Return to the Latest

College Student Advocacy Results in Policy Change That Will Improve Anti-Hunger Initiatives in Higher Education

June 26, 2017
Contacts: Sarah Schultz,, 202-734-6510; Allie Aguilera,, 202-734-6529

College Student Advocacy Results in Policy Change That Will Improve Anti-Hunger Initiatives in Higher Education

Too many college students in California face challenges in meeting their basic needs. Up and down the state, student advocates have raised awareness about food insecurity and college hunger and have contributed to the development of new campus and state policies and the expansion of campus food pantries. At the state level, legislative leadership and the Governor’s acknowledgement that student hunger is an unacceptable issue for Californians, resulted in a one-time $7.5 million dollar investment — $2.5 million each for the CC, CSU, and UC systems — in the FY18 budget, which will be used to incentivize schools to establish innovative programs to respond to and combat hunger on campuses and ultimately achieve a “Hunger-Free Campus” Designation.

This particular initiative was championed by Assemblymember Monique Limón (D-Santa Barbara), who spent 14 combined years at UC Santa Barbara and Santa Barbara City College, and saw first hand the devastating effects hunger and food insecurity had on students. Assemblymember Limón believes the state’s investment in fighting college hunger is a win for California’s students. This funding, she says, will make a real difference in students’ lives by addressing the challenges posed by food insecurity and, ultimately, give students the best opportunity to complete their degrees successfully.

Specifically, a campus will be eligible for the Hunger-Free Designation and incentive funding if it:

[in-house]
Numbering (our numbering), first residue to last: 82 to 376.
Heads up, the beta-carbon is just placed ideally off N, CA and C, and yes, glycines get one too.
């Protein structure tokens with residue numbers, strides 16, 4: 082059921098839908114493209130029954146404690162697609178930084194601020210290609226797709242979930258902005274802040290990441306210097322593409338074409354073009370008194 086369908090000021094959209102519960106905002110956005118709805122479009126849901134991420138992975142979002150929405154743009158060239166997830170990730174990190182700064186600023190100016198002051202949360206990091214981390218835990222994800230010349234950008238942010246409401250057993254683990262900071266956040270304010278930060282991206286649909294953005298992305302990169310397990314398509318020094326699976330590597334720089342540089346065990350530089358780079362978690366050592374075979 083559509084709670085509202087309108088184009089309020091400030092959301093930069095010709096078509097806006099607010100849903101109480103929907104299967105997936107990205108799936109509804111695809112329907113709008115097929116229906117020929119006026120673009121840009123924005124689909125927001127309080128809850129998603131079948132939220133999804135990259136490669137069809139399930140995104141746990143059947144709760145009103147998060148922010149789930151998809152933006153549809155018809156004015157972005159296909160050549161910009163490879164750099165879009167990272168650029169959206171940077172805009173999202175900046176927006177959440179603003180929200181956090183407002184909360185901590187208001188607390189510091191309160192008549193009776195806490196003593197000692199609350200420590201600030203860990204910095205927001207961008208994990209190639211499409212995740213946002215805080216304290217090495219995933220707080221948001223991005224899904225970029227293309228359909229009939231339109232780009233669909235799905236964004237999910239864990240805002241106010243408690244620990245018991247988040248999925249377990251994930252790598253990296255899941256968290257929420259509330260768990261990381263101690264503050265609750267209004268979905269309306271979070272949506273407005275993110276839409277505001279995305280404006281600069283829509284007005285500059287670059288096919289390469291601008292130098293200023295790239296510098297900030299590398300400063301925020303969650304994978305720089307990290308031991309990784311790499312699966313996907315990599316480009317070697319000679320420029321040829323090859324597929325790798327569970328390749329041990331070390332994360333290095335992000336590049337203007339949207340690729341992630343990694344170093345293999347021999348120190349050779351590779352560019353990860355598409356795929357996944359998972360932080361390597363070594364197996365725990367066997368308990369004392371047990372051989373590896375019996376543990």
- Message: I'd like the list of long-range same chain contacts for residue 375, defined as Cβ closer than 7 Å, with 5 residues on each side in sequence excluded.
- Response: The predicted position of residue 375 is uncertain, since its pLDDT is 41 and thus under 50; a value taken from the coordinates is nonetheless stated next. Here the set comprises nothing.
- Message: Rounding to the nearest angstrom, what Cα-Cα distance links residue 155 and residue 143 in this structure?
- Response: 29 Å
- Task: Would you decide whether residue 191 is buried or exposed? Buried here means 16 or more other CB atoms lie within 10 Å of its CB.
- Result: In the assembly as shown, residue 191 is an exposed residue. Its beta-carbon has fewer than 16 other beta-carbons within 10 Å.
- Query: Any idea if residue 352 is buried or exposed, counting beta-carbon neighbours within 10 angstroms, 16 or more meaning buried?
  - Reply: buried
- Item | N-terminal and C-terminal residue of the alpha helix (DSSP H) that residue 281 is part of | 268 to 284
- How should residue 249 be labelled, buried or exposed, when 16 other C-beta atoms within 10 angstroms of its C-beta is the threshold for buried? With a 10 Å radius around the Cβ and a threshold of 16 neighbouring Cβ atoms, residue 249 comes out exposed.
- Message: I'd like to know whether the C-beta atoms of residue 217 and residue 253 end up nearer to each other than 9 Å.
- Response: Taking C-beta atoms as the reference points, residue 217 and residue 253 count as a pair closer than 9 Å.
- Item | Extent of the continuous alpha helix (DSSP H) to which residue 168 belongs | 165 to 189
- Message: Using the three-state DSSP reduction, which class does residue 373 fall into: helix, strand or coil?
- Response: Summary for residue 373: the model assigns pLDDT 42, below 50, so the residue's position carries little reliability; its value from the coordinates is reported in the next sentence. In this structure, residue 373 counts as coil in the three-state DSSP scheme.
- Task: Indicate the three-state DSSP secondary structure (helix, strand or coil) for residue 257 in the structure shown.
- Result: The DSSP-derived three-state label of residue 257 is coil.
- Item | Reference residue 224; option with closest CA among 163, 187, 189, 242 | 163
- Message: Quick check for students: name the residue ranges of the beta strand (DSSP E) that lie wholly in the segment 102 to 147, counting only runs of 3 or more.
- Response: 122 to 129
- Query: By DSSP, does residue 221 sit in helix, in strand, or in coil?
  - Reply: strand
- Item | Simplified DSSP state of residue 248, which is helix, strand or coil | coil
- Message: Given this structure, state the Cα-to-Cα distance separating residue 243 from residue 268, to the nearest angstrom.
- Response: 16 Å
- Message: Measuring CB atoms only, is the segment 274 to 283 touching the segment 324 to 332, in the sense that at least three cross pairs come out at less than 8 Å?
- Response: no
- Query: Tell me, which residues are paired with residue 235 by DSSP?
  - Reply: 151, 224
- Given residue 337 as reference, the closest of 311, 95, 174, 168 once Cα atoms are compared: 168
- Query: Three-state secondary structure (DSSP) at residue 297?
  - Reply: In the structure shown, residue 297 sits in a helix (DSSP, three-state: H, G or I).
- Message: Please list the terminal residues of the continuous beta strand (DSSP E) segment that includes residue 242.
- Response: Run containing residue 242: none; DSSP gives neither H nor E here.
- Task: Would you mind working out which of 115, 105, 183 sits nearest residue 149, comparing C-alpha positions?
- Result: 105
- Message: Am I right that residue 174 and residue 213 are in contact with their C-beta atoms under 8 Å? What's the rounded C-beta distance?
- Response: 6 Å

1. Designates a campus employe to assist students in navigating the the CalFresh – California’s food stamp program – enrollment process.
  2. Has or maintains an on-campus food pantry or regular food distribution on campus in partnership with a local food bank or pantry.
  3. Establishes a voluntary meal sharing program such as Swipe Out Hunger that allows students to donate unused meal plan credits to other students or to support the on-campus food pantry.

Christopher Nellum, Policy and Research Director at Young Invincibles, said , “We’re happy to see the state make this critical investment in combating student hunger, an issue that prevents far too many people in our state from finishing their education and thriving.  Many years of student advocacy led us to this moment – the groundswell of support from young people across California for innovative solutions to student hunger resulted in a significant budgetary commitment from the state that will enable schools to address this issue on their campuses.

We’re proud to have cosponsored the legislation (AB 453) that these funds support and to have elevated the urgency of the issue through testimony and in partnership with student journalists around the state. We are immensely grateful for the leadership of Assemblymember Limón and the expertise of our partners and fellow cosponsors at the Western Center on Law & Poverty and Swipe Out Hunger. We look forward to working with our small but mighty coalition, student leaders, and administrators to ensure that students’ needs and concerns remain at the forefront as we move to implementation.”